Into the Light follows Ming Lee (Diana Rumjahn), previously seen in the short film Determined Spirits, as she tries to track down her deceased mother’s missing diary. With a lead that the diary is at a lost and found, Ming Lee heads there, only to come up against the undeserved ire of the lost and found owner, Jade Chung (Grace Ng Chan). Will Ming Lee find the diary? Why does Jade Chung not like Ming Lee?
If you’ve seen filmmaker Diana Rumjahn’s previous short film, Determined Spirits, then this one will have more narrative value to you than if not. Not surprising, considering this is a sequel, but if you were not aware of the torment that Ming Lee underwent in the first short then there are certain elements of this one that won’t make much sense to you. Focusing on it solely as a sequel, it does progress some of the narrative elements set up in the first one, so there are small pay-offs to enjoy.
Additionally, as a comparison and continuation with the first short, this one is far more straightforward a narrative. Determined Spirits operated in an ambiguous haze most of the time, and it worked for what it was. In this case, we’ve got more than just Ming Lee on screen, allowing for new characters and interactions, and a very obvious goal (find the diary). I frankly enjoyed the ambiguity of the previous short, as it allowed me to supply meaning in places where it wasn’t as clear. Here, while there are confusing elements, it’s almost too straightforward an experience.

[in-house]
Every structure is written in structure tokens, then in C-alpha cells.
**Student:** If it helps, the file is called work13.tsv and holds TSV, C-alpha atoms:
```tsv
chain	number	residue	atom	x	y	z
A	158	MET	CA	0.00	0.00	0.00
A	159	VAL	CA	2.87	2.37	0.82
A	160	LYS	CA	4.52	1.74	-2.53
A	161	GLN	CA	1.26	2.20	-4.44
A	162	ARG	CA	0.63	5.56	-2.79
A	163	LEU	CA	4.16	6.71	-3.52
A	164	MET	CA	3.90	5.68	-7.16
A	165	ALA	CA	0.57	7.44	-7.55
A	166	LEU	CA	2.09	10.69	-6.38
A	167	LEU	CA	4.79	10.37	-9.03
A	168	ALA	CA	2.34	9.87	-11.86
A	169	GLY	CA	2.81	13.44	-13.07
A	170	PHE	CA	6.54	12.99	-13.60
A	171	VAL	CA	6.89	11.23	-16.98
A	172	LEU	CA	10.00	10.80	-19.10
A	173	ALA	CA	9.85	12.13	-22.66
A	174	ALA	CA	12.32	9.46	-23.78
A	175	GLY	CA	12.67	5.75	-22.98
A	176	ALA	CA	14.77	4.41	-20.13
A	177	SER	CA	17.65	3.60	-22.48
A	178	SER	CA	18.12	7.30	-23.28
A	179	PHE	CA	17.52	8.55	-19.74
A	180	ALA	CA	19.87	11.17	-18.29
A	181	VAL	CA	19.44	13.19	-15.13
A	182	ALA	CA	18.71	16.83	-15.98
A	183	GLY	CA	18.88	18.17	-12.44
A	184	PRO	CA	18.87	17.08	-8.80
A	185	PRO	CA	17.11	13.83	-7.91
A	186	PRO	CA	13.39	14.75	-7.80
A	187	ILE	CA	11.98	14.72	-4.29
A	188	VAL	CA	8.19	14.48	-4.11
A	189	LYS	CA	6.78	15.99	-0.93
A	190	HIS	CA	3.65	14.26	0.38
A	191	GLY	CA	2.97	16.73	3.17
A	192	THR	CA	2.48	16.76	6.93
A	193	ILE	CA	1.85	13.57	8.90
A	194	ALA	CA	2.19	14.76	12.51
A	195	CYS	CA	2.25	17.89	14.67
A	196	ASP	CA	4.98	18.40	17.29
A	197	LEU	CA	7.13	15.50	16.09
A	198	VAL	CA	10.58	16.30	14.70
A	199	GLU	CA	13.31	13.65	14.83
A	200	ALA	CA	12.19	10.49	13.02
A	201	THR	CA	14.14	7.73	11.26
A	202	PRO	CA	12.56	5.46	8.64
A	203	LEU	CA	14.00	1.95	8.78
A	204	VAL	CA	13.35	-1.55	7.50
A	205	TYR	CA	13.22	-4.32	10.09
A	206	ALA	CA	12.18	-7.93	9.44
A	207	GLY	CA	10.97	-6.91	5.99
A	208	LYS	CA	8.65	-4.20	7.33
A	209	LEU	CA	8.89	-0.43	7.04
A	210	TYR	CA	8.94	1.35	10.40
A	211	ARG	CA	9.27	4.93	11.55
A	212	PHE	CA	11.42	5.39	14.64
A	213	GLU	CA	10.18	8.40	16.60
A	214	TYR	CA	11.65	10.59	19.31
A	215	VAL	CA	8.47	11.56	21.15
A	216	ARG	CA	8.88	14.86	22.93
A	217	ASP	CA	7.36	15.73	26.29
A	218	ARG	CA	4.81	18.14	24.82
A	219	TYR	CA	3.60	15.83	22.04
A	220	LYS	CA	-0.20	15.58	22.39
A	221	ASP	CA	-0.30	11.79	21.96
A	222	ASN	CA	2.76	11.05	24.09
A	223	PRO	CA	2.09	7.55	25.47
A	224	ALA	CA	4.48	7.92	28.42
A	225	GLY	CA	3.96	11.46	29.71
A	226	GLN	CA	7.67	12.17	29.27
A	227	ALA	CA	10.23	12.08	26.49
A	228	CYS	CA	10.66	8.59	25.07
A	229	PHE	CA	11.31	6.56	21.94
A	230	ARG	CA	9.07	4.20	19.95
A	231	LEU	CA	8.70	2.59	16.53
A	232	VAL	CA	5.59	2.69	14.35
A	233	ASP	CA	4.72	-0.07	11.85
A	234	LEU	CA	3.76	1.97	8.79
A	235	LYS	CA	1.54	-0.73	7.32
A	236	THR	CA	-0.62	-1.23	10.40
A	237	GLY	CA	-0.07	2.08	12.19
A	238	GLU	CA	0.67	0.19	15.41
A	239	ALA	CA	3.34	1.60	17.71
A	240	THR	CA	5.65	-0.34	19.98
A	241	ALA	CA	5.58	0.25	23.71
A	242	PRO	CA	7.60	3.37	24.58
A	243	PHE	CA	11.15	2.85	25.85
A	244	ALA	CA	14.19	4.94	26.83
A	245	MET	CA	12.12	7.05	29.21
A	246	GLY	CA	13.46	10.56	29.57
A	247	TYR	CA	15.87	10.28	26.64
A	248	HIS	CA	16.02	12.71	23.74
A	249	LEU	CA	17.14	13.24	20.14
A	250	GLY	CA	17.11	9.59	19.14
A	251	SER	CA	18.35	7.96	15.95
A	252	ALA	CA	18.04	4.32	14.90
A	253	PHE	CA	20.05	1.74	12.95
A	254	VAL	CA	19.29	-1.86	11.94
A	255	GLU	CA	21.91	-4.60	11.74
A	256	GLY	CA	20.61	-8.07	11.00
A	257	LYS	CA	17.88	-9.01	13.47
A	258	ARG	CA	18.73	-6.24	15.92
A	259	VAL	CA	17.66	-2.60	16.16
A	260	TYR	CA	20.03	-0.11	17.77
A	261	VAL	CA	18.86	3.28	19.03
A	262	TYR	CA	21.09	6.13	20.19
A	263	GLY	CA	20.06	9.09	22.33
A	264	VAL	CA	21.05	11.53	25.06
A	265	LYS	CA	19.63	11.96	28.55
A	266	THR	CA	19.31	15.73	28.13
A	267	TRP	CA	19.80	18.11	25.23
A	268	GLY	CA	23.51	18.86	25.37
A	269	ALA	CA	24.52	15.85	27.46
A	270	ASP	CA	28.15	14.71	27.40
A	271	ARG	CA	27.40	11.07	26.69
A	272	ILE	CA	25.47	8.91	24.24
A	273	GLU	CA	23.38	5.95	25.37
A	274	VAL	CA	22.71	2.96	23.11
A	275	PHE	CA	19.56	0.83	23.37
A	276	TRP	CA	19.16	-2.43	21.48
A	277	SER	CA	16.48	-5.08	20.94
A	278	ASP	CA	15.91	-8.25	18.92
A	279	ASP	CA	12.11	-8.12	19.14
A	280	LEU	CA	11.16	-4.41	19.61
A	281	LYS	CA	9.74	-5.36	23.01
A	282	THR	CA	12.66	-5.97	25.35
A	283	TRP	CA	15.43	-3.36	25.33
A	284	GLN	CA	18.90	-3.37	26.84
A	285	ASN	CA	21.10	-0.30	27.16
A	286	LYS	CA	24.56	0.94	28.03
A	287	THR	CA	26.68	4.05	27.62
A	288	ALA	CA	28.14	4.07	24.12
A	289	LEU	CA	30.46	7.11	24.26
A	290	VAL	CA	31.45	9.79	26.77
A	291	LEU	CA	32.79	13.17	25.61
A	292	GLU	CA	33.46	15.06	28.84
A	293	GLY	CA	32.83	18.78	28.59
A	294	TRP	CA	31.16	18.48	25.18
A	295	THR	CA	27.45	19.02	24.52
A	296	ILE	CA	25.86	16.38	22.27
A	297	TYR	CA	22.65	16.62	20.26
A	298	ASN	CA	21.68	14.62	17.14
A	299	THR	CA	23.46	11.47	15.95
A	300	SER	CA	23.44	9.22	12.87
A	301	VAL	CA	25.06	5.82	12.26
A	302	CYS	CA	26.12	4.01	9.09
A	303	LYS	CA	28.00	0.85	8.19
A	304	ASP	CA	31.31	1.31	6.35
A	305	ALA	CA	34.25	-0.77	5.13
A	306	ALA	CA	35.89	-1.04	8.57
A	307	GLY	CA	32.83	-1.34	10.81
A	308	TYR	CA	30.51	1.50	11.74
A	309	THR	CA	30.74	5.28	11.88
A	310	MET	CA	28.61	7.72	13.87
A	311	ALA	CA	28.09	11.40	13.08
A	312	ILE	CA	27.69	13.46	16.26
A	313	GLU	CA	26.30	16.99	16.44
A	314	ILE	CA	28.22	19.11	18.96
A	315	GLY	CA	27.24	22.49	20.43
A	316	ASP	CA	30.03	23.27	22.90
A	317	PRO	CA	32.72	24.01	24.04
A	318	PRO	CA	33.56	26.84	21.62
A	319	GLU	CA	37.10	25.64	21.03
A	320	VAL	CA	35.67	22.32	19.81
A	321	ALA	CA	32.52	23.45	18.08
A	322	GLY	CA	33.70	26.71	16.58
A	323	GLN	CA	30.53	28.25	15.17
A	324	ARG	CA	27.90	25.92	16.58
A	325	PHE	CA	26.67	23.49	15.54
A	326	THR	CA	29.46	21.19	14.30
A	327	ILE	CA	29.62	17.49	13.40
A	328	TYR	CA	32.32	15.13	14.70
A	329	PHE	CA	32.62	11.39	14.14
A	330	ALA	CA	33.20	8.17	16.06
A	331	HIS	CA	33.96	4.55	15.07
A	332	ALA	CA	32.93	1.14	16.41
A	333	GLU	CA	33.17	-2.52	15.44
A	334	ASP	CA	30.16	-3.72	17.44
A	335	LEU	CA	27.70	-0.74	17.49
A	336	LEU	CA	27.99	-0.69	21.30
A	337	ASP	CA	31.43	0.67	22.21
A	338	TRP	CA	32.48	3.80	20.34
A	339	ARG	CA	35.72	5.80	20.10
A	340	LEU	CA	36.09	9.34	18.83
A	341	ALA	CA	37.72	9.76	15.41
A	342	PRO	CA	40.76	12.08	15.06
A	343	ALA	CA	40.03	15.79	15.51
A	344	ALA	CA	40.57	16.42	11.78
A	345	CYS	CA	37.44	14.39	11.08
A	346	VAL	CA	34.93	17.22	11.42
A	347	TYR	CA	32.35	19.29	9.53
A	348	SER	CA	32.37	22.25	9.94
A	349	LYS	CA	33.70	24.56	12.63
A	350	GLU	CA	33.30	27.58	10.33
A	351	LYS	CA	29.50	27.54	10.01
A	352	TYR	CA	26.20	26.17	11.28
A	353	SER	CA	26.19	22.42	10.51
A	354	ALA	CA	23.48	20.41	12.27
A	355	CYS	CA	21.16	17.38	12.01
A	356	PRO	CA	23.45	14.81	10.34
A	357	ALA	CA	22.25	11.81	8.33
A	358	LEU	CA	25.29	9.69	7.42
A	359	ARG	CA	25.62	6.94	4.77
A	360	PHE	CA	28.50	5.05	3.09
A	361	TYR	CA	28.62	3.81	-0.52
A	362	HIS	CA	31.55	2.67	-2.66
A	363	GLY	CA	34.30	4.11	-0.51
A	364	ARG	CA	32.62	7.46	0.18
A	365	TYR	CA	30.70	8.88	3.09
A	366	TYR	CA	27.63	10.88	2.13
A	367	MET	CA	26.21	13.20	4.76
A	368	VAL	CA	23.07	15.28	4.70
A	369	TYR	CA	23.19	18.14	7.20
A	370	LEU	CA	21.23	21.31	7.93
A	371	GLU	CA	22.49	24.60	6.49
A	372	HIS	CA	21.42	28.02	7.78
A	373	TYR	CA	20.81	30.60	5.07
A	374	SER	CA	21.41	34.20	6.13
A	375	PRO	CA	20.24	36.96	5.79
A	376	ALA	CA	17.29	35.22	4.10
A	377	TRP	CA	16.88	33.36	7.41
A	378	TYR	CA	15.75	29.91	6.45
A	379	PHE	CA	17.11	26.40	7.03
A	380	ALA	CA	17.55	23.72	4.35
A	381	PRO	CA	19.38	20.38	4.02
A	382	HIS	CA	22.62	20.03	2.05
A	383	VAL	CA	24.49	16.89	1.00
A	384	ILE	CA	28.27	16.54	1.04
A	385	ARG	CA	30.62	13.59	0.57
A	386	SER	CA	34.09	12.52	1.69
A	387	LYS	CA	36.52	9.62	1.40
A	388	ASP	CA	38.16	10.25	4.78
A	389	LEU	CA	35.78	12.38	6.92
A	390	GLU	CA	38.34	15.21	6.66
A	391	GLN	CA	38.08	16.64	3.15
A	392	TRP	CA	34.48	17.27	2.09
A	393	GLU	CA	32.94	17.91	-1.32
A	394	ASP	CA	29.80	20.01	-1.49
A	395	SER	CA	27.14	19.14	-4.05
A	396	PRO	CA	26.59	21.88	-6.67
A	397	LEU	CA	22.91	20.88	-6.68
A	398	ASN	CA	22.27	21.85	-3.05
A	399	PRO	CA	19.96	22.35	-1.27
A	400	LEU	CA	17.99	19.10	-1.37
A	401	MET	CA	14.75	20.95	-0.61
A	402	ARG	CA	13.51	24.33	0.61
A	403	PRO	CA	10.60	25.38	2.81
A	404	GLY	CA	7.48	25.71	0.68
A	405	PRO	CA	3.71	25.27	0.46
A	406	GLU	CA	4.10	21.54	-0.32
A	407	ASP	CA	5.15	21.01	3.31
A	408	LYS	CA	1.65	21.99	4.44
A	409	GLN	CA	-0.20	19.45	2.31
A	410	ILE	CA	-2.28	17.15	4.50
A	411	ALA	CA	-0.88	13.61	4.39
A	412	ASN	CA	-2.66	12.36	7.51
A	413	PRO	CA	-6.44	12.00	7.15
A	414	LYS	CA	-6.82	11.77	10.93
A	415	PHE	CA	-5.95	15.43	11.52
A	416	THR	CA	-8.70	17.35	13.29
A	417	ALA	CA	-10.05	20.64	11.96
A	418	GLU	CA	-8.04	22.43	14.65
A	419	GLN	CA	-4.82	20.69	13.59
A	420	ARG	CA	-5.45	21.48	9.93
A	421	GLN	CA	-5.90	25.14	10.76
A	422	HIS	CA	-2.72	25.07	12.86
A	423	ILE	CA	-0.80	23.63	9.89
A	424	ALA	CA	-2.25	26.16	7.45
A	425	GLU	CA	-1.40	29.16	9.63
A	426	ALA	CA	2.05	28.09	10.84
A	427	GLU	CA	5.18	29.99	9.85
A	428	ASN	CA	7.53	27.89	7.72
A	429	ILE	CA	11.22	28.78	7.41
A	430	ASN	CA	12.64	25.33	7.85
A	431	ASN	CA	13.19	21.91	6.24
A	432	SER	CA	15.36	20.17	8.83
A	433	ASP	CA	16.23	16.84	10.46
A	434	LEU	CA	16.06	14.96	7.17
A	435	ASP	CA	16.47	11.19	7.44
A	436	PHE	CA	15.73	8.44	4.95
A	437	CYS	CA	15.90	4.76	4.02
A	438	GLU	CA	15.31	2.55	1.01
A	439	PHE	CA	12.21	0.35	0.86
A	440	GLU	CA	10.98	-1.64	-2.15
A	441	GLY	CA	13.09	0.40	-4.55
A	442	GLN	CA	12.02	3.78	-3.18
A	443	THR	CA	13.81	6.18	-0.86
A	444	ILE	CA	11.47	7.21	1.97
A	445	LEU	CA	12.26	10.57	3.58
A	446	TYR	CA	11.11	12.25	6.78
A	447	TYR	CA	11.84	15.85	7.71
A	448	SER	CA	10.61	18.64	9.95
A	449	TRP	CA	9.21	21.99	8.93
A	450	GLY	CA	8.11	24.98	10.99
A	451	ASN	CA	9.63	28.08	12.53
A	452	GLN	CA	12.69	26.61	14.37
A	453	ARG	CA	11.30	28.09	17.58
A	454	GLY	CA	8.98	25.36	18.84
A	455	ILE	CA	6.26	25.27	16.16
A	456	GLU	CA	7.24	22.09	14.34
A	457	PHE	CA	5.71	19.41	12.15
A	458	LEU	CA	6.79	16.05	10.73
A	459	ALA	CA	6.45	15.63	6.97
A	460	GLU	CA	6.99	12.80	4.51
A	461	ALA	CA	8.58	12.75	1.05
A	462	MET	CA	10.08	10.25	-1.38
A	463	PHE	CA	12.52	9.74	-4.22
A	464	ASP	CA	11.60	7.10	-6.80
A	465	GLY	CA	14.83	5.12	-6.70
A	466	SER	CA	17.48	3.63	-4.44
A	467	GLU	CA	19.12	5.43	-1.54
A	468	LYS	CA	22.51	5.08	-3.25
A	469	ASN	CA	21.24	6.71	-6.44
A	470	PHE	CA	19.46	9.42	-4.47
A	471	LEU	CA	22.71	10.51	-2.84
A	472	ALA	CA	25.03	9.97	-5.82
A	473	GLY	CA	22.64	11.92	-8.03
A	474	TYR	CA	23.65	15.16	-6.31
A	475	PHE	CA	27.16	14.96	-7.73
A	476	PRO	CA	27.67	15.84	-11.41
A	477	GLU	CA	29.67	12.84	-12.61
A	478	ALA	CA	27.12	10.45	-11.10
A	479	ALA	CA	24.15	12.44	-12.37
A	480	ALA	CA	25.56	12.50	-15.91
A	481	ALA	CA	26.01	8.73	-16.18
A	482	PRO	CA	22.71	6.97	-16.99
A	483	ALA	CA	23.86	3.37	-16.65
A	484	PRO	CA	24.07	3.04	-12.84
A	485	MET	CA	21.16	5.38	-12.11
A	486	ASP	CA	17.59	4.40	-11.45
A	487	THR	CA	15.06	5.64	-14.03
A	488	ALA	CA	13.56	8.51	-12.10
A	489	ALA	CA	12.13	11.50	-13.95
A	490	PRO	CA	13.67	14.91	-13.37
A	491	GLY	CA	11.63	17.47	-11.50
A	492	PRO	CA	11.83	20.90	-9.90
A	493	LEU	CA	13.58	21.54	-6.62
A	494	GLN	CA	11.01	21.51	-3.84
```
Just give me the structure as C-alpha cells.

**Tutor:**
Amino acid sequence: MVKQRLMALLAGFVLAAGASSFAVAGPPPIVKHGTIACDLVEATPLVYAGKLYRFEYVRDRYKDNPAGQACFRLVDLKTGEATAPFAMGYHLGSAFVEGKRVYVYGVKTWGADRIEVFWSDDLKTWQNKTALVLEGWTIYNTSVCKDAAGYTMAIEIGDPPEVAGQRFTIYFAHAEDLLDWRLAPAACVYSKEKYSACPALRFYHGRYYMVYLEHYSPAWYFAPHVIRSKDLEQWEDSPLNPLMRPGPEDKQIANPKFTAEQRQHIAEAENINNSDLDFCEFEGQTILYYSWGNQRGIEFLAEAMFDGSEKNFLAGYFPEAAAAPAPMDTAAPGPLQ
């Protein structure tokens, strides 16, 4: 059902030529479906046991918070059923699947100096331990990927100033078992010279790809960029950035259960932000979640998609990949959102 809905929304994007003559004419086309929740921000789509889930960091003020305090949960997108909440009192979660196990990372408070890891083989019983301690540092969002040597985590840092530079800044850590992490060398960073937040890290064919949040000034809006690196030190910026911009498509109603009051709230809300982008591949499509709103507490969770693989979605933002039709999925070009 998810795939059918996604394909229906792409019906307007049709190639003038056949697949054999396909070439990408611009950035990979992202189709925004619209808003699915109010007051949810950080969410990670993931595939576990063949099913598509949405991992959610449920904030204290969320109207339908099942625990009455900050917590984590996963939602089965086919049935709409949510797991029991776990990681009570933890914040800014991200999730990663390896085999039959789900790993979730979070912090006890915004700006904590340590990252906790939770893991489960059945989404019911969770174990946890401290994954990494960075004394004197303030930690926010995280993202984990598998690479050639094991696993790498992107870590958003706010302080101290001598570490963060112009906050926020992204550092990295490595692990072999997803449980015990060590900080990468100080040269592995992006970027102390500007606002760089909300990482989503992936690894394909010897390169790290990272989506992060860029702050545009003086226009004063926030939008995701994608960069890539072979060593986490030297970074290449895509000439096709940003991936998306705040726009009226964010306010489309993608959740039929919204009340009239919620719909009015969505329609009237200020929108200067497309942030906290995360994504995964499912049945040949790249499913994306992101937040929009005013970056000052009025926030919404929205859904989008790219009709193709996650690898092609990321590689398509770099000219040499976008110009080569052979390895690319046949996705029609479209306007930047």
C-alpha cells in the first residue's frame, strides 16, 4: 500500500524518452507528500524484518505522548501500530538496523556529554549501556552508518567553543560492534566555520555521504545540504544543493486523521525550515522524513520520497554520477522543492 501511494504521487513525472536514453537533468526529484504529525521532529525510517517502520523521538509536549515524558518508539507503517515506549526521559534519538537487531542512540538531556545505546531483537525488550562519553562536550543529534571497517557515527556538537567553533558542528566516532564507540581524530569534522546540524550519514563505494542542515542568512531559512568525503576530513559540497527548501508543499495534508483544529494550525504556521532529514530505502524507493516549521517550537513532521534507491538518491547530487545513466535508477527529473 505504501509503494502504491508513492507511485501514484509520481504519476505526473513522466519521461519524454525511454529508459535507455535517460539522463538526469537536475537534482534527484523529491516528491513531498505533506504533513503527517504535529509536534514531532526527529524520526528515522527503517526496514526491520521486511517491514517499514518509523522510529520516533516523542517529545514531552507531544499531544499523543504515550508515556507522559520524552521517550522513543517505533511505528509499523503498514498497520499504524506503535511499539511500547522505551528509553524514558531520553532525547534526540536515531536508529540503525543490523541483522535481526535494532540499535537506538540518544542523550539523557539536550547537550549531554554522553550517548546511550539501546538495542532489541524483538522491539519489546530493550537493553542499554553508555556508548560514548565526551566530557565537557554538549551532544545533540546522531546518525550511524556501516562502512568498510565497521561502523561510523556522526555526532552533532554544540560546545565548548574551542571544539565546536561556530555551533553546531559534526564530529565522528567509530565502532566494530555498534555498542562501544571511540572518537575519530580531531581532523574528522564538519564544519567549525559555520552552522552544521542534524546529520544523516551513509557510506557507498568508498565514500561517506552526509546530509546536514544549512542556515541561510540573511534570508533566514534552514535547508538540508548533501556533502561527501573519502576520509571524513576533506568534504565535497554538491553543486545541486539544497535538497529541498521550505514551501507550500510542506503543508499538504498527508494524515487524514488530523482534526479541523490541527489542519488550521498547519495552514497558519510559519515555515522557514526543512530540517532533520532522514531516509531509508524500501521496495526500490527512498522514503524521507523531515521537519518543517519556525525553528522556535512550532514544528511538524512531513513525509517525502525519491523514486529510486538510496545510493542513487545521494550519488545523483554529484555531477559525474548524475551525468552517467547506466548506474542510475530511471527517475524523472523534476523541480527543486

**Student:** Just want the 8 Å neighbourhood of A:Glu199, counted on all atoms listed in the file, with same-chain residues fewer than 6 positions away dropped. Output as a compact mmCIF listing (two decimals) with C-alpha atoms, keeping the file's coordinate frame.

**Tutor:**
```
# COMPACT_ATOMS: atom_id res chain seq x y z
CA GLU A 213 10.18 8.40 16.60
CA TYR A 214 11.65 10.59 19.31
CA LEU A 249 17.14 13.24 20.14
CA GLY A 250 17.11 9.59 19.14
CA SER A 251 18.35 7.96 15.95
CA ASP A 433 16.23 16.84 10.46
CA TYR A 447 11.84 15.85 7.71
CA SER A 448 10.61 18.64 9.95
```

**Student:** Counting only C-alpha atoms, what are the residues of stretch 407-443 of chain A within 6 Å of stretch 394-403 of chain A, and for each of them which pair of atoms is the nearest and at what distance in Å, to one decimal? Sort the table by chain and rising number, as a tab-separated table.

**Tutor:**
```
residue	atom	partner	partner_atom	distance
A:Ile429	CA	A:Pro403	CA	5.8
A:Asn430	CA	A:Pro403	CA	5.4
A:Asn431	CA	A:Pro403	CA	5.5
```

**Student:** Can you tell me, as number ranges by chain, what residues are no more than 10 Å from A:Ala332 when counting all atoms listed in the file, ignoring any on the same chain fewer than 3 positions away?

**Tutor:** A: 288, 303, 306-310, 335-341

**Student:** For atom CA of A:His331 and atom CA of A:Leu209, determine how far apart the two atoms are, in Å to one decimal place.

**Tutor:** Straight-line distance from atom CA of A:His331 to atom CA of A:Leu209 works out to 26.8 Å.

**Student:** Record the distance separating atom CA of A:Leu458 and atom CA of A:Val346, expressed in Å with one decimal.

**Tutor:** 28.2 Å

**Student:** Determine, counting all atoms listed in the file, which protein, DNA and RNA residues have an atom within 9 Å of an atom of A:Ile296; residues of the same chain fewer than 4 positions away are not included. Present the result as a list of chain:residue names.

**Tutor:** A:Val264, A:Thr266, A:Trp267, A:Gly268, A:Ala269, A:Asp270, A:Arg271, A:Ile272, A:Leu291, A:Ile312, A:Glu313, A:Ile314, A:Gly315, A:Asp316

That said, as a standalone short film, it can be a bit confusing. Not so much what happens, but character motivations. Ming Lee is hated by Jade Chung, but for reasons that, even when explained in the end, don’t necessarily connect with what we’ve seen. It is especially confusing when you consider, for as much as Jade Chung supposedly hates Ming Lee, that without Jade Chung, Ming Lee wouldn’t even know where to find her mother’s diary, and the picture contained within it.
In the end, I think Into the Light is better if you’ve seen Determined Spirits. If you haven’t seen both, I think Into the Light can make some sense, but is far less memorable; without its predecessor, it’s just a woman looking for her mother’s diary, and for some reason people don’t like her. The impact isn’t as strong. When you know the journey has been a bit more challenging and tenuous, it makes the eventual explanations and possible resolutions that much better.
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